Best Adapted Screenplay
Finding Neverland
Vanity Fair
We Don't Live Here Anymore
Don't Count Out: A Home at the End of the World, Phantom of the Opera, Ladies in Lavender
With Closer looking to be the indie darling, this should be an easy win. Finding Neverland will probably nab a nod if it gets a BP nod. Proof will probably land a nod here even if the movie is mediocre, just because of the pedigree of the talent. Vanity Fair is a classic novel and if it's any good at all it's should be a guarenteed nomination. We Don't Live Here Anymore will hopefull follow in the footsteps of In the Bedroom and grab a nomination. A Home at the Endof the World's buzz isn't so hot. Phantom of the Opera is a risky move, and Ladies in Lavender's buzz dropped fast.
First of all, I'm going on holiday tomorrow. Excited? Yes. Chicago is going to be great.

I watched "Cradle Will Rock" this morning and it blew me away just as much as the first time I watched it.

Besides having an All-Star ensemble cast including Hank Azaria, Susan Sarandon, John Cusack, Bill Murray, Vanessa Redgrave, Anges MacFadyen, Joan Cusack, Emily Watson, John Turturro, and Cary Elwes (not to mention the loads of familiar faces whose names just might not leap into mind) it is a well-written, comedic drama that keeps you entertained. It is the story of the Great Depression and the political as well as economic ordeals of the time focusing on the Federal Theater Project as well as some high-society muckity-mucks. The two stories tie together beautifully. The characters are fantastically played. The eccentricity of Orson Welles is played to near perfection by MacFadyen, the power and greed of William Randolph Hearst is very close to frightening, and the passion and inner turmoil of Marc Blitzstein (if that is how you spell his name) is captured wonderfully, even if it takes awhile to realize that the male figure he is imagining is actually Bertolt Brecht. Anyway, it's a smart, funny, semi historically accurate portrayal of events leading to the dismantling of the Federal Theater.

Things to you'll come away with:

The impression that Anges MacFadyen is actually Welles reincarnated.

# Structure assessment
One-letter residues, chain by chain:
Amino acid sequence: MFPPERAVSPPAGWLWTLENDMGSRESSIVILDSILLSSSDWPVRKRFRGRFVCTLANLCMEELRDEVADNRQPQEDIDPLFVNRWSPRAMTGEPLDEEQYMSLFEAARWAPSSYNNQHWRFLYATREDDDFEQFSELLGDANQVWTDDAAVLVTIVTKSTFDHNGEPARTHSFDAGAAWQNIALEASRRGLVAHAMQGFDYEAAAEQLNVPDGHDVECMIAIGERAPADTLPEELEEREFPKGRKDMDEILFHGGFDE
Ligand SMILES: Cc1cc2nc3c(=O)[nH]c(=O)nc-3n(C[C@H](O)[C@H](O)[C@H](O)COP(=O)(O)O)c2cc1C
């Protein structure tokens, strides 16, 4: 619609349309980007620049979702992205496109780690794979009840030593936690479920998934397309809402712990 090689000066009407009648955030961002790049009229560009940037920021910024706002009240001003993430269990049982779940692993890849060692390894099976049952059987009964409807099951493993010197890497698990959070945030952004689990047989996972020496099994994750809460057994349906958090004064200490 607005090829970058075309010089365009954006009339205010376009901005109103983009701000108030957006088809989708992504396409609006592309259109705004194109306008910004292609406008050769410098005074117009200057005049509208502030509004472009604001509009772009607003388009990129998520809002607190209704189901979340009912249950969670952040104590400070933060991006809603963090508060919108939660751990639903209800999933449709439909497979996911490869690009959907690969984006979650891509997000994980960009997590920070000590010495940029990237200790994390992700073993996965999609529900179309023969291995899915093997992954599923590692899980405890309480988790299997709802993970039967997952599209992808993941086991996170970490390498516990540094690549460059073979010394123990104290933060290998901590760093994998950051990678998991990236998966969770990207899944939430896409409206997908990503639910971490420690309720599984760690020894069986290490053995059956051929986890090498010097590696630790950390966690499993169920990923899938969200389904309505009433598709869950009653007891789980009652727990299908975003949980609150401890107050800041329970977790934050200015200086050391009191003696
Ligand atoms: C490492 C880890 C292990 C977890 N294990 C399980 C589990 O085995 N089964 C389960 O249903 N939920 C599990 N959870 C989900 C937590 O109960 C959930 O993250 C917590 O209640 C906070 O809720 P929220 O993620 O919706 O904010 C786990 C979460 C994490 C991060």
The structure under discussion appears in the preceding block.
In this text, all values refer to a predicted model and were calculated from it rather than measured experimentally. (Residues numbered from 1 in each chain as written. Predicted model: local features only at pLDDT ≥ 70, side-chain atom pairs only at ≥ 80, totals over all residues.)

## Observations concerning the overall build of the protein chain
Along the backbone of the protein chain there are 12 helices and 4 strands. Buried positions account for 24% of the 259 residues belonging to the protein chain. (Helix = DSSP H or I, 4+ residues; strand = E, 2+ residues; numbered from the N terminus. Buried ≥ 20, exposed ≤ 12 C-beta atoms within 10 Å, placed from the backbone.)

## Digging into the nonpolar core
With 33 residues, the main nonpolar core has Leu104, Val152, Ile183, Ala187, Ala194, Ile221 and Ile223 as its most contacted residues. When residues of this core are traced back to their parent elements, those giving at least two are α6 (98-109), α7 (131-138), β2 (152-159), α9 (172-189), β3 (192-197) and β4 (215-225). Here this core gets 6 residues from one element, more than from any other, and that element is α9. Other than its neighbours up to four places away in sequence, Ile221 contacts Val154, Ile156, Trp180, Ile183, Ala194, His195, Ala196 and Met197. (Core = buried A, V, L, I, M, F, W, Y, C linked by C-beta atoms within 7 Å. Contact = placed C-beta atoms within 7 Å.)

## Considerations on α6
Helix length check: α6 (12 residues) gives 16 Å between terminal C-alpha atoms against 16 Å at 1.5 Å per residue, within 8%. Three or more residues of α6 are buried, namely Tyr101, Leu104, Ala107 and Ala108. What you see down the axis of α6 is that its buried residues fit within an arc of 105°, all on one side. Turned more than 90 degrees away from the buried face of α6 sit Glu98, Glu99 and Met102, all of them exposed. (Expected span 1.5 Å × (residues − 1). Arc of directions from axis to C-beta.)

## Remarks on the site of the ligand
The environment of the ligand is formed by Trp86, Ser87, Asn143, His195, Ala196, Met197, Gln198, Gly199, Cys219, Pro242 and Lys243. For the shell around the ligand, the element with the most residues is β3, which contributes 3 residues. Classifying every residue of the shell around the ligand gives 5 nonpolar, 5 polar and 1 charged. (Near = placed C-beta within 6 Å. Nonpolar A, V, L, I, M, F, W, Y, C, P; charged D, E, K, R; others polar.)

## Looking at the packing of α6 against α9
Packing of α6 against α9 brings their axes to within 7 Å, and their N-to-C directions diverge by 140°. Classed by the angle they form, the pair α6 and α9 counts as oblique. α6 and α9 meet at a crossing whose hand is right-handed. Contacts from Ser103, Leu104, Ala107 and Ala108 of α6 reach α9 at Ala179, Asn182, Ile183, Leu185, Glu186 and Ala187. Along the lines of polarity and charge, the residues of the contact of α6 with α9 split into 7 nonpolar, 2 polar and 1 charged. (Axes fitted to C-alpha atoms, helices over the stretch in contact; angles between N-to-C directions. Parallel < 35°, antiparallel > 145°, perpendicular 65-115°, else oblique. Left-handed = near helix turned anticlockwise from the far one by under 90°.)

Cherry Jones has a remarkably charming face. I just can't take my eyes off her.
Hallie Flanagan (the real woman as well as the character) was a remarkable woman and I think that some American historians need to pay a little bit of attention to her.
Hank Azaria is brilliant.
Emily Watson is a horrible singer.
Christopher Marlowe was a communist.

That's about it.
Entertaining as hell.
Interesting as hell.
Great movie through and through.
At work. Just rating. And writing.

More Trivia:

Tim Robbins said in an interview that he almost got killed filming the driving scene in "Code 46." That, and Michael Winterbottom takes guerilla filmmaking to the full tilt. The British director shot the sci-fi film almost permit-less at $6 million. If we questioned Tim's terse assessment of the "Code 46" set, he gives us this much: "I would feed my actors." Sounds like Winterbottom's style errs on the side of freewheelin' and union-defeatin'. He'd win over young, renegade indie filmmakers, but would turn off high-profile veterans like Tim Robbins.

Also, Winterbottom's new film contains actual sex scenes. The actors actually have sex on film. It's cunnilingus, fellatio and intercourse intercut with band performances. Winterbottom's justification: When we shoot actors eating cereal, the actors do eat the food, so why not have real sex instead of simulated sex? Well, sometimes actors use spit buckets. Plus, most people don't mind eating in a public cafeteria, but might object to fucking there during lunch hour.

I'm not complaining though; I'm always up for onscreen raunchiness. Aside from all the other discussions this can bring up, I'm curious about one thing: Is the guy actor hot? I couldn't find his photo on IMDB. I've yet to see a porno where the guy is attractive. If he is hot, the prospect sounds interesting despite the annoying band-splicing. But I'm not horny enough to not dub "Nine Songs" just DVD-worthy.
A well made movie that has good message and history (I don't know if it is true though) about the theater in New York City in the depression era. Tim Robbins does a good job mixing in the comedy and drama together. Great cast